Mr. Rocker insisted that his son wasn’t racist. The men decided that this was the day for Mr. Ellis to meet John Rocker.
Jake Rocker headed to City Hall. By the time he got there, a throng of reporters already had gathered. Mr. Rocker and the mayor sneaked out the back and headed for Mr. Ellis’ house. Separately, John Rocker and his two sports agents were whisked to the home. “It was something like 007,” Jake Rocker says.
Sitting in Mr. Ellis’ living room, the pitcher apologized. The mayor asked what he could do to help. The Rockers suggested that a meeting with Atlanta’s Mayor Campbell might ease tensions. Mr. Ellis said he would arrange it.
In his interviews that day, Mr. Ellis denounced Mr. Rocker’s statements, but said he believed the ballplayer wasn’t racist. “We do not embrace his views, but we have to continue to embrace John Rocker ,” Mr. Ellis said.
The next day, the mayor picked up the phone. It was the Rev. Jesse Jackson, calling to praise Mr. Ellis’s approach. “He thought it was the best way to handle the situation,” Mr. Ellis recalls. “Basically, love the sinner but not the sin.”
As it turned out, Mr. Ellis couldn’t arrange a meeting with Mr. Campbell. The Macon mayor told the Rockers that his Atlanta counterpart was traveling. In truth, Mr. Campbell refused. “I declined to talk to Rocker,” Mr. Campbell says, comparing the player’s statements to support for the Confederate flag flying over the statehouse in South Carolina and on the state flag of Georgia.
As a fallback, Mr. Ellis called Mr. Young and asked if he would meet with the Rockers. Mr. Young readily agreed and suggested that perhaps Hank Aaron would be willing to participate as well.
John and Jake Rocker showed up at Mr. Young’s home in Atlanta the next morning. Soon, media helicopters were hovering overhead. Inside, Mr. Young advised Mr. Rocker to be more careful in his public comments, and gave the Rockers copies of his two books.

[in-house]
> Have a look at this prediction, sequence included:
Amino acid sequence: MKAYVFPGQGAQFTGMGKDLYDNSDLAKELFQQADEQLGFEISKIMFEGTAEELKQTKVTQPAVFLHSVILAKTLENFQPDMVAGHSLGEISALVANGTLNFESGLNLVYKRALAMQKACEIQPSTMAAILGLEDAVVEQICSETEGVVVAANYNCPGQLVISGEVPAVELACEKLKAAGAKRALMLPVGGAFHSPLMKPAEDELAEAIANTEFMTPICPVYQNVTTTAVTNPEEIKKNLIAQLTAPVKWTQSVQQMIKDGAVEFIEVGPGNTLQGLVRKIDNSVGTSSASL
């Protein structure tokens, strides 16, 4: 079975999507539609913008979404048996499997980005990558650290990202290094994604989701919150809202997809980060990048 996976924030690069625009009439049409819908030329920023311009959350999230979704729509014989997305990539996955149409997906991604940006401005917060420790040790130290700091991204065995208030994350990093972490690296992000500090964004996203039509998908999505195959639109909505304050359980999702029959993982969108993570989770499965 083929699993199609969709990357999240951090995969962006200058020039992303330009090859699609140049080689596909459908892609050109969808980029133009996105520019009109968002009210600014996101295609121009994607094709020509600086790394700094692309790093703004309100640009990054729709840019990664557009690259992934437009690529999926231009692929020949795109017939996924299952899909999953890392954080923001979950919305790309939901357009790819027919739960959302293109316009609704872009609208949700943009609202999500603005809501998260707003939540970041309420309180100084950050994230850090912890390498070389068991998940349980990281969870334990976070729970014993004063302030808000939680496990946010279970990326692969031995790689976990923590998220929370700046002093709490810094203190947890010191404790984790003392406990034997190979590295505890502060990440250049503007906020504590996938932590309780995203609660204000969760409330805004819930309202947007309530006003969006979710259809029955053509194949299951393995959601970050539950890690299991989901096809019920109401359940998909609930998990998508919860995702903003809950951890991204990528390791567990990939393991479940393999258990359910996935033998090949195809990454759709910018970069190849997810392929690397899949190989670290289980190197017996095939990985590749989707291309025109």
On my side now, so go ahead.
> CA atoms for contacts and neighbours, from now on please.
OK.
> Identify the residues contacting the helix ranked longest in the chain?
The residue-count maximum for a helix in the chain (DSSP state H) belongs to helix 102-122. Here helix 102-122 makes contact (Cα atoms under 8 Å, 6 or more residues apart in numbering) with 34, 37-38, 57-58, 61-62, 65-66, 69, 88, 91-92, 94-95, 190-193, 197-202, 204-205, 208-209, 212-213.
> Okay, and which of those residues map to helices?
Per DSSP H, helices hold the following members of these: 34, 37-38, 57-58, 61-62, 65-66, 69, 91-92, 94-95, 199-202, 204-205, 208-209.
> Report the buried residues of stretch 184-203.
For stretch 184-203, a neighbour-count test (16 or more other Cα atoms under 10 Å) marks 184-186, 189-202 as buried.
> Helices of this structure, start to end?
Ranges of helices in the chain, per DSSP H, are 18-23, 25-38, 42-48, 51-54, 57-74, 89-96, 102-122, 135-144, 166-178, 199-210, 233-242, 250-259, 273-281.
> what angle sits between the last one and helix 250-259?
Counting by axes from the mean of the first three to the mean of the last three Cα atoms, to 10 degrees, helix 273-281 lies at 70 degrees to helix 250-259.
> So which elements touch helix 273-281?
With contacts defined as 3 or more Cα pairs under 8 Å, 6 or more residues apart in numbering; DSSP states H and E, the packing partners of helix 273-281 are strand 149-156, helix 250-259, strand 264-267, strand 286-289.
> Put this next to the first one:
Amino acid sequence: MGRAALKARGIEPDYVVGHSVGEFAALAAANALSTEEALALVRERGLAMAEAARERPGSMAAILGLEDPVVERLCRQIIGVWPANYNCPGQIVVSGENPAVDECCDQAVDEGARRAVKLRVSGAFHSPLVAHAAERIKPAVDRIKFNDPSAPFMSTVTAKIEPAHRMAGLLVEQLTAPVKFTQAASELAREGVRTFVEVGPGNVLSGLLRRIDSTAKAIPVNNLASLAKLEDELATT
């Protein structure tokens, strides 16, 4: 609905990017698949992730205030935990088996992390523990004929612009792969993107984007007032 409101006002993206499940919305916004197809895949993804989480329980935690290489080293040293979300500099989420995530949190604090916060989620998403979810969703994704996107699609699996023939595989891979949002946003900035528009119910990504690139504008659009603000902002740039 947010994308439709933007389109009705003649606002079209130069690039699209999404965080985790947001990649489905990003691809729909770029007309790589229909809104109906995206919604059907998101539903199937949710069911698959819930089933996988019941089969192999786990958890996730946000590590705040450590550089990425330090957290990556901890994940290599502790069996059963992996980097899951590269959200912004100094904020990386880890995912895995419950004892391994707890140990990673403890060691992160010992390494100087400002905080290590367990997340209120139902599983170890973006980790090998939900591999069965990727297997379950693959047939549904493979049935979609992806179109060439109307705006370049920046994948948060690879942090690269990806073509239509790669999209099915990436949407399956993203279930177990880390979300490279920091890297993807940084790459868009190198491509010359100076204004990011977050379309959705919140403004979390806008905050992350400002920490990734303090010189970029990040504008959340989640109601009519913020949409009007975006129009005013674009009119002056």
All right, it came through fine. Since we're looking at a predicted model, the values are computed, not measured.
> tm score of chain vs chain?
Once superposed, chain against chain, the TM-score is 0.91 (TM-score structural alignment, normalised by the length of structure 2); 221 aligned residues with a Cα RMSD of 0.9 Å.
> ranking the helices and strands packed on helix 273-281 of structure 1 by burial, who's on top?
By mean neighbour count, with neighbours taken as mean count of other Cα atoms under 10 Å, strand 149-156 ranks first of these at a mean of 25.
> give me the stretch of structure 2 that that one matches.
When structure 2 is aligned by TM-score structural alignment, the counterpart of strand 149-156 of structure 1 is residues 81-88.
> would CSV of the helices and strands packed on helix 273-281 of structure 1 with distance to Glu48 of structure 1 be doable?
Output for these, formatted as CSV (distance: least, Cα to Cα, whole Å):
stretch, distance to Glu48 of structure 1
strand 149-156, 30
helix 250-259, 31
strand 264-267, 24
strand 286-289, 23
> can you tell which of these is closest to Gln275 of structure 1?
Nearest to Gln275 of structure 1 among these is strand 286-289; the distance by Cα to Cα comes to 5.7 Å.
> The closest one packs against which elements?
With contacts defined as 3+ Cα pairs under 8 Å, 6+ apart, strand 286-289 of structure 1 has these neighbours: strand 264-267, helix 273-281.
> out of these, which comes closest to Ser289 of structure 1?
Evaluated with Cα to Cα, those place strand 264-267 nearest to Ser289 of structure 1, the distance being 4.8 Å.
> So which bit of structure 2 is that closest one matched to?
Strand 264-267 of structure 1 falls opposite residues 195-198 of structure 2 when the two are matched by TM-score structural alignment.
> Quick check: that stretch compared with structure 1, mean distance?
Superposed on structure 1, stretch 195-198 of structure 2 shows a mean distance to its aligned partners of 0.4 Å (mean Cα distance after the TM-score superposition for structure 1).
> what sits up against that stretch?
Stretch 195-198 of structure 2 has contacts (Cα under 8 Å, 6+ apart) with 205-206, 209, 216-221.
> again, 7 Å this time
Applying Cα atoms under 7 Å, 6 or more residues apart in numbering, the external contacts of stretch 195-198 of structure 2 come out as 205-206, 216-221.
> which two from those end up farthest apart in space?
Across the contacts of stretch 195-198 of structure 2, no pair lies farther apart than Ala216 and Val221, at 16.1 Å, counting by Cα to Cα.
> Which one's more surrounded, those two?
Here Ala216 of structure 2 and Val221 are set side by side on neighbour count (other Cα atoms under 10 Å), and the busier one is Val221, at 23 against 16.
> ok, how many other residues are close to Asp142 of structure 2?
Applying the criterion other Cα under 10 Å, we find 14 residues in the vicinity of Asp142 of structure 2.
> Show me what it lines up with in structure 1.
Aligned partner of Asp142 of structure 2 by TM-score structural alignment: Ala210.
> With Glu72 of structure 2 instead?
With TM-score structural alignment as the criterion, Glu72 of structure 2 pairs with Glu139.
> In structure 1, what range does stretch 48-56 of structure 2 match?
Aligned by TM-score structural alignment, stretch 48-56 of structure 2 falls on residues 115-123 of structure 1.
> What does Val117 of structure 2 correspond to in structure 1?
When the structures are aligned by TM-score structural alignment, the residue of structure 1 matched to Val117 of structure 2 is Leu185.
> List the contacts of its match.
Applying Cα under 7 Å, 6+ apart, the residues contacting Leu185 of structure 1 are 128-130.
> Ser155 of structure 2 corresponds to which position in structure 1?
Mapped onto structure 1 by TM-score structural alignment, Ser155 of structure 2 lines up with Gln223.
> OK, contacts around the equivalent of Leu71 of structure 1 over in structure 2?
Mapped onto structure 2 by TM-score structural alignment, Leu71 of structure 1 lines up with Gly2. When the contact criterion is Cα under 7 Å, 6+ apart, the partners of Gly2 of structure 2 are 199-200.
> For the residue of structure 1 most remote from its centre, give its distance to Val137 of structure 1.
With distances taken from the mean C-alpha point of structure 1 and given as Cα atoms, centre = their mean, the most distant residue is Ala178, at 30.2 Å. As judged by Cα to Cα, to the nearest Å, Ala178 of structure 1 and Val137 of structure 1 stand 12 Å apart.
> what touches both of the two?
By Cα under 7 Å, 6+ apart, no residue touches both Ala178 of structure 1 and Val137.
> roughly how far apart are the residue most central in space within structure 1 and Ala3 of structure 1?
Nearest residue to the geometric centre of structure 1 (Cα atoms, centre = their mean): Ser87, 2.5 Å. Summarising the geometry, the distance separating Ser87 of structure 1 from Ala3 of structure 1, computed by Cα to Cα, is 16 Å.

Then Mr. Young called Mr. Aaron, who suggested that the whole entourage travel out to his suburban BMW dealership. They were soon on their way, reporters and helicopters in tow. Mr. Young rode shotgun in John Rocker ‘s shiny new silver Corvette.
In an office off the showroom, Mr. Aaron met with the young pitcher for an hour. “I was trying to figure out what made him an angry young man,” Mr. Aaron says in an interview. “They could have lined him up against a wall out here and shot him, or strung him up. But next year you’re going to have another Rocker. . . . I was trying to figure out why every year another person like this surfaces.”
According to Mr. Aaron, the young pitcher said little, other than that he had been misunderstood, as the Hall of Famer recounted stories from his early days in baseball, when white crowds jeered viciously and threatened his life. In particular, he recounted visits three decades ago to the small baseball stadium in Mr. Rocker’s hometown. At least once, Mr. Aaron had to be pulled from the lineup in Macon, when a hail of rocks being throw at him from behind the outfield fence became dangerous.